State ex rel. Bright v. Flaskrud, 148 N.C. App. 710 (2002)

Feb. 19, 2002 · North Carolina Court of Appeals · No. COA01-305
148 N.C. App. 710


No. COA01-305

(Filed 19 February 2002)

Paternity— acknowledgment — subsequent motion for DNA testing — Rule 60 motion required

The trial court erred by granting a motion to compel DNA testing to determine paternity where the father executed an acknowledgment of paternity, subsequently filed a Rule 60(b) motion attacking the acknowledgment and moved for DNA testing, and the court granted the motion for testing without ruling on the Rule 60(b) motion. Granting the Rule 60(b) motion would set aside the acknowledgment of paternity and reopen the issue, but without that ruling the prior orders remain in effect and defendant is barred by res judicata.

Appeal by the State from an order entered 15 December 2000 by Judge Joseph Williams in Richmond County District Court. Heard in the Court of Appeals 9 January 2002.

*711 Attorney General Roy Cooper, by Special Deputy Attorney General Gerald K Robbins, for the State.

Melanie Wade Goodwin for defendant-appellee.

WALKER, Judge.

On 25 September 1995, Brian James Flaskrud (the child) was bom out of wedlock to Tina Rochelle Bright. Ms. Bright had been in an ongoing sexual relationship with the defendant prior to the birth of the child. At the time of the birth, she informed the defendant that he was the father.

On 6 November 1995, Ms. Bright executed a Mother’s Affirmation of Paternity (AOC Form CV-605) certifying that she was the natural mother of the child and that defendant was the natural father. On 27 November 1995, defendant executed a Father’s Acknowledgment of Paternity (AOC Form CV-604) certifying that he was the natural father of the child. On 19 December 1995, the district court entered an order of paternity which listed defendant as the natural father. On that same date, a Voluntary Support Agreement and Order was entered by the trial court in which the defendant agreed to contribute to the support of the child and provide health insurance for him. Thereafter, defendant provided health insurance and regularly sent payments to Ms. Bright for support of the child.

In July of 1996, defendant was informed that Ms. Bright was telling others that he was not the father. According to the defendant, he came to this State and confronted Ms. Bright, who admitted that defendant was not the father of the child. Ms. Bright and the defendant then met with Barbara Mathews, a representative of the Richmond County IV-D Child Support Enforcement Agency, who informed them that the Agency could not get the acknowledgment of paternity and consent support order set aside. Defendant asserts that he erroneously believed, based on that conversation, that he could not get these orders set aside. Thereafter, defendant did not provide any support or health insurance coverage for the child.

After Ms. Bright initiated actions to require defendant to support the child, defendant filed a motion, pursuant to N.C. Gen. Stat. § 1A-1, Rule 60(b) (1999), asking the trial court to set aside the order of paternity and the voluntary consent to support order. He also moved the court for an order compelling DNA testing to determine *712paternity. The State, on behalf of Ms. Bright, then filed a motion to modify the existing consent support order to require the defendant to pay child support in the future.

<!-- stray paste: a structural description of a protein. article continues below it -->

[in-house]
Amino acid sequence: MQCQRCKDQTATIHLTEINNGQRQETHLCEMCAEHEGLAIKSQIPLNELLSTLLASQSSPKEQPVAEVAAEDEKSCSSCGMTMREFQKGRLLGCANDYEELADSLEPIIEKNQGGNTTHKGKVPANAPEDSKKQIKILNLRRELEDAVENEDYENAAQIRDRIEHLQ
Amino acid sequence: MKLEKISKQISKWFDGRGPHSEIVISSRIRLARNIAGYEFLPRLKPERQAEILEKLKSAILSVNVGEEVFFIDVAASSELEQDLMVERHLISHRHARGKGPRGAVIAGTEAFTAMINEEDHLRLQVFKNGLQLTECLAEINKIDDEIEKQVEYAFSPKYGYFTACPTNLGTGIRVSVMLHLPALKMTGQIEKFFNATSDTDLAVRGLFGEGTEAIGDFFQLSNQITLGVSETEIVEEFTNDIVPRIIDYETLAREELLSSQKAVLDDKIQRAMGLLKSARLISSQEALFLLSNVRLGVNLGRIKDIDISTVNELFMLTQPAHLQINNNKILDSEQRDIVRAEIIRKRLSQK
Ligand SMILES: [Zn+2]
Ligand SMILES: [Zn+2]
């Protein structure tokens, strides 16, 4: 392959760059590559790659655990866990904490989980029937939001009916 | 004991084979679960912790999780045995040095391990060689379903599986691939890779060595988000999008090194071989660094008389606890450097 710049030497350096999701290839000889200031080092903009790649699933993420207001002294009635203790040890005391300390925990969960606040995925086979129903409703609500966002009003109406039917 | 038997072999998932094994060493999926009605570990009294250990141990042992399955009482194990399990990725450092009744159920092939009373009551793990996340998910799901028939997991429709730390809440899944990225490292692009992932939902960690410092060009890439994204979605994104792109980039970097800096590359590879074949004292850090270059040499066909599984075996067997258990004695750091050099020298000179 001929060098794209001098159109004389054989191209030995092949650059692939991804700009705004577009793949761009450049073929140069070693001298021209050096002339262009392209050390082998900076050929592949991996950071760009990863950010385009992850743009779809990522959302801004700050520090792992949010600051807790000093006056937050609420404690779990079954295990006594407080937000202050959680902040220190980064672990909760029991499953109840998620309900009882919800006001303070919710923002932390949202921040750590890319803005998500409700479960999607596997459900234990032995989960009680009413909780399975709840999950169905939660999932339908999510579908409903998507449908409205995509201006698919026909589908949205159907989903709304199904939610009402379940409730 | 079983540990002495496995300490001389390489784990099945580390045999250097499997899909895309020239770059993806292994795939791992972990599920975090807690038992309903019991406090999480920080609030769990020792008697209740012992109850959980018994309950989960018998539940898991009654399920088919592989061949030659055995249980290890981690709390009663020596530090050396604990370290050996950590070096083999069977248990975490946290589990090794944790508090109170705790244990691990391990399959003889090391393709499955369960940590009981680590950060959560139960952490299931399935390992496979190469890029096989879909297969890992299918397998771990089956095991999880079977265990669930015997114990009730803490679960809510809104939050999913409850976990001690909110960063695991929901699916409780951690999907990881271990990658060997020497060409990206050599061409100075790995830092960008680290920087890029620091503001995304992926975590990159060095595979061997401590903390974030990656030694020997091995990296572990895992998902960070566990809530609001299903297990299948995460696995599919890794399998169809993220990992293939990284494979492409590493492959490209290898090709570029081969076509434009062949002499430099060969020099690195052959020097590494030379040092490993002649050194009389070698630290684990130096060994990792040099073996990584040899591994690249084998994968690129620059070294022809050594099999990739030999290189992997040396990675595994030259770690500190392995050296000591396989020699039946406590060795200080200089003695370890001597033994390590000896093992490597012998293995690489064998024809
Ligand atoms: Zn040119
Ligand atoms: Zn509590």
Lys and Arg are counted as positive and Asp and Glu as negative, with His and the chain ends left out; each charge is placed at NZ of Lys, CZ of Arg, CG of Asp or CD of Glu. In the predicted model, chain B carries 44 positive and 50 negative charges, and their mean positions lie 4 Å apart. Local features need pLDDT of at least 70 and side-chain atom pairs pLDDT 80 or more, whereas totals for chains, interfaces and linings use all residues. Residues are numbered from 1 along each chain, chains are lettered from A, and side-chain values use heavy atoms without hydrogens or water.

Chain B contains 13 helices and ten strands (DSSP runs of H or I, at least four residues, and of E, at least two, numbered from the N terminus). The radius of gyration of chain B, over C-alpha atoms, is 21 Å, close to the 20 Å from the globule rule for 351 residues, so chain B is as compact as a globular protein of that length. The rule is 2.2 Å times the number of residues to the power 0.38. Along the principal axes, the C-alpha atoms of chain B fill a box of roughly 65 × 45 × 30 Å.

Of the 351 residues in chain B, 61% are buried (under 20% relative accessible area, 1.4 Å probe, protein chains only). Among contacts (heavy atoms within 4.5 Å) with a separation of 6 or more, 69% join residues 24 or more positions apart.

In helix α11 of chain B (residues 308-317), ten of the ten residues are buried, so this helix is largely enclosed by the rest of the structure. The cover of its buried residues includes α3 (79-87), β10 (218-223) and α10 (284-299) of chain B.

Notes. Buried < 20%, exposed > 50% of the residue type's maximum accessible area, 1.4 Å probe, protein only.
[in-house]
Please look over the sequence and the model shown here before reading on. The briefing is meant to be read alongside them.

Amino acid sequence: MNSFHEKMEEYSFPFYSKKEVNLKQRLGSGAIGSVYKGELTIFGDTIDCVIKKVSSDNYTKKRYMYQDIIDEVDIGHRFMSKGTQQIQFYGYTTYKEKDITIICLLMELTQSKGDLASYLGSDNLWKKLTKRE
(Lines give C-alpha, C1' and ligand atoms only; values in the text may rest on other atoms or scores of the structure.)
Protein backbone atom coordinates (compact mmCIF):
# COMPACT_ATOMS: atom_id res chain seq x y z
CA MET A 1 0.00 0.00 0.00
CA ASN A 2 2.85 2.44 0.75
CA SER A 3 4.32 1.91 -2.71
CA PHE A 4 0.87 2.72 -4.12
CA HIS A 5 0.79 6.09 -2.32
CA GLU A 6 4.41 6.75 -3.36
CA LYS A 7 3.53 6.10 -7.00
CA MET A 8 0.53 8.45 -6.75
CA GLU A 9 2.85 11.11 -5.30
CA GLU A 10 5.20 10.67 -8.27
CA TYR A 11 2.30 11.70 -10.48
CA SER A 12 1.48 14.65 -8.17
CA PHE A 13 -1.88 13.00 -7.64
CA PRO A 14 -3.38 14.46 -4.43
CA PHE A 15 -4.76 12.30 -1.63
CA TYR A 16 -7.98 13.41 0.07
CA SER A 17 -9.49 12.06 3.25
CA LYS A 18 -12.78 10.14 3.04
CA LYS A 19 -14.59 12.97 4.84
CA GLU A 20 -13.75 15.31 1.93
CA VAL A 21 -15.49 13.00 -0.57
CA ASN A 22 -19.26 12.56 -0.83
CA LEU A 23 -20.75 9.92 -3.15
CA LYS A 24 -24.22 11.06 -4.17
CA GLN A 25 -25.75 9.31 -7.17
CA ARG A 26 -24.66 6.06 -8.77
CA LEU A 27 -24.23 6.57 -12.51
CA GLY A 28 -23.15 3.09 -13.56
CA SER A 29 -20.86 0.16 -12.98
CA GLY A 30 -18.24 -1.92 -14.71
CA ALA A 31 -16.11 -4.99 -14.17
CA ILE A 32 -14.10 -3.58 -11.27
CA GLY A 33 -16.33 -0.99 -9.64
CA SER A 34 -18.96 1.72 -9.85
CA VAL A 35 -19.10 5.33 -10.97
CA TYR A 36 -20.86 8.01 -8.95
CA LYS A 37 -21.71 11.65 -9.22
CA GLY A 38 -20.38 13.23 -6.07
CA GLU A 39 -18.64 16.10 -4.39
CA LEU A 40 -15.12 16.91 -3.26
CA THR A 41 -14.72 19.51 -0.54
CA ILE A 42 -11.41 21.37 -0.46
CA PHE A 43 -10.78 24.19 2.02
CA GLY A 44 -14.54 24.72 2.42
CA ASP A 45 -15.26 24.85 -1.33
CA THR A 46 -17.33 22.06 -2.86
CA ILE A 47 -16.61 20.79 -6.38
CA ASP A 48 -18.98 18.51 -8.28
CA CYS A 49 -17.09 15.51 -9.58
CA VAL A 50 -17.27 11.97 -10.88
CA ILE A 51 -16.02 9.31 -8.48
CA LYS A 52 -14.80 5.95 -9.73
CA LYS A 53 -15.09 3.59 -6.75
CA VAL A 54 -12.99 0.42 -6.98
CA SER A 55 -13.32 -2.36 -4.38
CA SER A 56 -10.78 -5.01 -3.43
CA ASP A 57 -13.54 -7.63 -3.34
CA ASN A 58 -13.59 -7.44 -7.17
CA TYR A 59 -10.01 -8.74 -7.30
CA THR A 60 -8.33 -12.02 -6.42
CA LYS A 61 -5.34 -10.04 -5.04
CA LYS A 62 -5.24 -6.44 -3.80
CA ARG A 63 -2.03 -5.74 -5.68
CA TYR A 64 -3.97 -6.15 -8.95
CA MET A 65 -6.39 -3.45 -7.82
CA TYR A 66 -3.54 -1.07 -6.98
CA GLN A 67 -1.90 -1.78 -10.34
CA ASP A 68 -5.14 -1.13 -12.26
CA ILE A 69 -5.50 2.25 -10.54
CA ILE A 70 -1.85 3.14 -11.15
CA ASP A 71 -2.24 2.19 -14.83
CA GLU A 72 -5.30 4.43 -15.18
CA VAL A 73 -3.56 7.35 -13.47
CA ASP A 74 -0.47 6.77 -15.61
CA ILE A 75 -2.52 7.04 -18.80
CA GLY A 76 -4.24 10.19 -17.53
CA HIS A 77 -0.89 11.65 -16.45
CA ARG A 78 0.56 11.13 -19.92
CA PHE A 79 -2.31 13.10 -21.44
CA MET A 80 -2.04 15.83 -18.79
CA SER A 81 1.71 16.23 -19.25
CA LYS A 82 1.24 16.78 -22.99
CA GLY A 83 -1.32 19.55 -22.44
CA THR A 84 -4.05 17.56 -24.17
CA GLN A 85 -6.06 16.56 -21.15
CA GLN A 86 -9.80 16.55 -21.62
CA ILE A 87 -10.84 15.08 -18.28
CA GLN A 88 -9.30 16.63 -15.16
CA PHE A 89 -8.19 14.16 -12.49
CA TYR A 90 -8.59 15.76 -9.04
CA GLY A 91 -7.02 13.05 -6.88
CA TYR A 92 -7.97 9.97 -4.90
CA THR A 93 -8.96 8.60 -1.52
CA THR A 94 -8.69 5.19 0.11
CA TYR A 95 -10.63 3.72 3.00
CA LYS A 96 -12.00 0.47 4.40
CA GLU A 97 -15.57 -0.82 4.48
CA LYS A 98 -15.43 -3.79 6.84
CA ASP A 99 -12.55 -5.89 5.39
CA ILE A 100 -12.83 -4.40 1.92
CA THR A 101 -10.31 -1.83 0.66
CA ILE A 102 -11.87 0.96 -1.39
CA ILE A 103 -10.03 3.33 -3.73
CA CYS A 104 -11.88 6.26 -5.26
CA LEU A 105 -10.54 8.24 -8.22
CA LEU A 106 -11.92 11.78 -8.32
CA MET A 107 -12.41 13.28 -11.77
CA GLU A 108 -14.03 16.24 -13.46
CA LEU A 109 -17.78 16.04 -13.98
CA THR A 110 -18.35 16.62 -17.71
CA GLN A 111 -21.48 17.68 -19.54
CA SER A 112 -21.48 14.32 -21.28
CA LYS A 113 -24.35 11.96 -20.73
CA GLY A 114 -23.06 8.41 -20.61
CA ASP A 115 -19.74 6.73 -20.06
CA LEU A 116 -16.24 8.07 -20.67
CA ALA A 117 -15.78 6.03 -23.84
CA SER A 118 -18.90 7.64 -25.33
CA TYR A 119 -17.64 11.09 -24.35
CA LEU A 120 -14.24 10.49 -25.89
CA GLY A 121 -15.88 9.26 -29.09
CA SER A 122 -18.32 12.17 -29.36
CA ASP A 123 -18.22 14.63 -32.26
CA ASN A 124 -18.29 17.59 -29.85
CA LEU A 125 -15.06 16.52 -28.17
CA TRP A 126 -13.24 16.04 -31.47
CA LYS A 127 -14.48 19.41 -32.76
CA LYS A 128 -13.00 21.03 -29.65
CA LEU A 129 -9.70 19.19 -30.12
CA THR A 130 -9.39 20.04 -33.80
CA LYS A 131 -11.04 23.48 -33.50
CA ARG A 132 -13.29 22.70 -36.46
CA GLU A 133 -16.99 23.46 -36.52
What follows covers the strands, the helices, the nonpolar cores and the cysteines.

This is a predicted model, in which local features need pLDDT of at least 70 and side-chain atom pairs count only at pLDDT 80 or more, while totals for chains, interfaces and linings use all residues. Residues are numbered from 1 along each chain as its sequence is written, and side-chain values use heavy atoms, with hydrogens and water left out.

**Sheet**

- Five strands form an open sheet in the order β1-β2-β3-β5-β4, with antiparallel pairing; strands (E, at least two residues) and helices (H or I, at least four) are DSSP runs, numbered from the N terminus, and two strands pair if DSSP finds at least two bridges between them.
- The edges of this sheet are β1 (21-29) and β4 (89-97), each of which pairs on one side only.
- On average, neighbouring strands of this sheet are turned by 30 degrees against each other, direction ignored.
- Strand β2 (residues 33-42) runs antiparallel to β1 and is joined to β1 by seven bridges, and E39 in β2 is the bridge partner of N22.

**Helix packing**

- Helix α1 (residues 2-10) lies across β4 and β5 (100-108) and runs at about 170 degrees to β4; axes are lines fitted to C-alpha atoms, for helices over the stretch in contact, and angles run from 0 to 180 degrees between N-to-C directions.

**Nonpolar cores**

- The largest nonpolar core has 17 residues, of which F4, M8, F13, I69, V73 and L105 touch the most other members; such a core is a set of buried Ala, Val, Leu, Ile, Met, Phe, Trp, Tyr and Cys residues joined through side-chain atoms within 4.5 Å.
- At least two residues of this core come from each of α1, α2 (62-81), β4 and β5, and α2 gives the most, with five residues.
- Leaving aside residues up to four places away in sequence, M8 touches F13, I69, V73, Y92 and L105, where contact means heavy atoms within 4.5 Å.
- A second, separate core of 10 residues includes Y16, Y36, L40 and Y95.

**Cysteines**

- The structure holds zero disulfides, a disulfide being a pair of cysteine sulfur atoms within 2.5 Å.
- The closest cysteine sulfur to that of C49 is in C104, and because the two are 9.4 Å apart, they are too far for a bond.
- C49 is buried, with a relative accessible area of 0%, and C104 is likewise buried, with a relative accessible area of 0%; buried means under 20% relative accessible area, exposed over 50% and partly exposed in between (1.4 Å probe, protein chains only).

After a hearing, the trial court made findings and conclusions before ordering the parties and the child to submit to DNA testing to determine paternity. The trial court declined to rule on the Rule 60(b) motion and on Ms. Bright’s motion for future child support.

In this appeal, Ms. Bright challenges the granting of the motion compelling DNA testing contending that paternity was established in 1995. This Court has held that it is proper for a party to attack an acknowledgment of paternity or an order of paternity by a Rule 60(b) motion. Leach v. Alford, 63 N.C. App. 118, 304 S.E.2d 265 (1983). The granting of a Rule 60(b) motion would set aside the acknowledgment of paternity and order of support and would reopen the issue of paternity. However, without such a Rule 60(b) motion ruling, these orders remain in effect.

N.C. Gen. Stat. § 8-50.l(bl) requires the trial court to grant a motion for blood tests in “any civil action in which the question of parentage arises.” However, where res judicata prevents a defendant from challenging paternity, there is no action “in which the question of parentage arises” and it is error to compel blood testing. Williams v. Holland, 39 N.C. App. 141, 143, 249 S.E.2d 821, 823 (1978). A party is barred under the doctrine of res judicata from contesting paternity when there is an acknowledgment of paternity or an order of paternity in effect and binding on him. Ambrose v. Ambrose, 140 N.C. App. 545, 536 S.E.2d 855 (2000); State ex rel. Hill v. Manning, 110 N.C. App. 770, 431 S.E.2d 207 (1993); Dorton v. Dorton, 69 N.C. App. 764, 318 S.E.2d 344, review denied, 312 N.C. 621, 323 S.E.2d 922 (1984); Williams, supra.

In the present case, the trial court allowed defendant’s motion for DNA testing without addressing his Rule 60(b) motion. As this Court held in Leach, “defendant is entitled to his day in court” to show whether any grounds exist under Rule 60(b) to set aside the acknowledgment of paternity and voluntary child support order by which he might otherwise be estopped from re-litigating the issue of paternity. Leach, 63 N.C. App. at 125, 304 S.E.2d at 269. However, until the trial court addresses the defendant’s Rule 60(b) motion, it is error for the trial court to grant his motion to compel DNA testing.

*713Reversed and remanded.

Judges McGEE and BIGGS concur.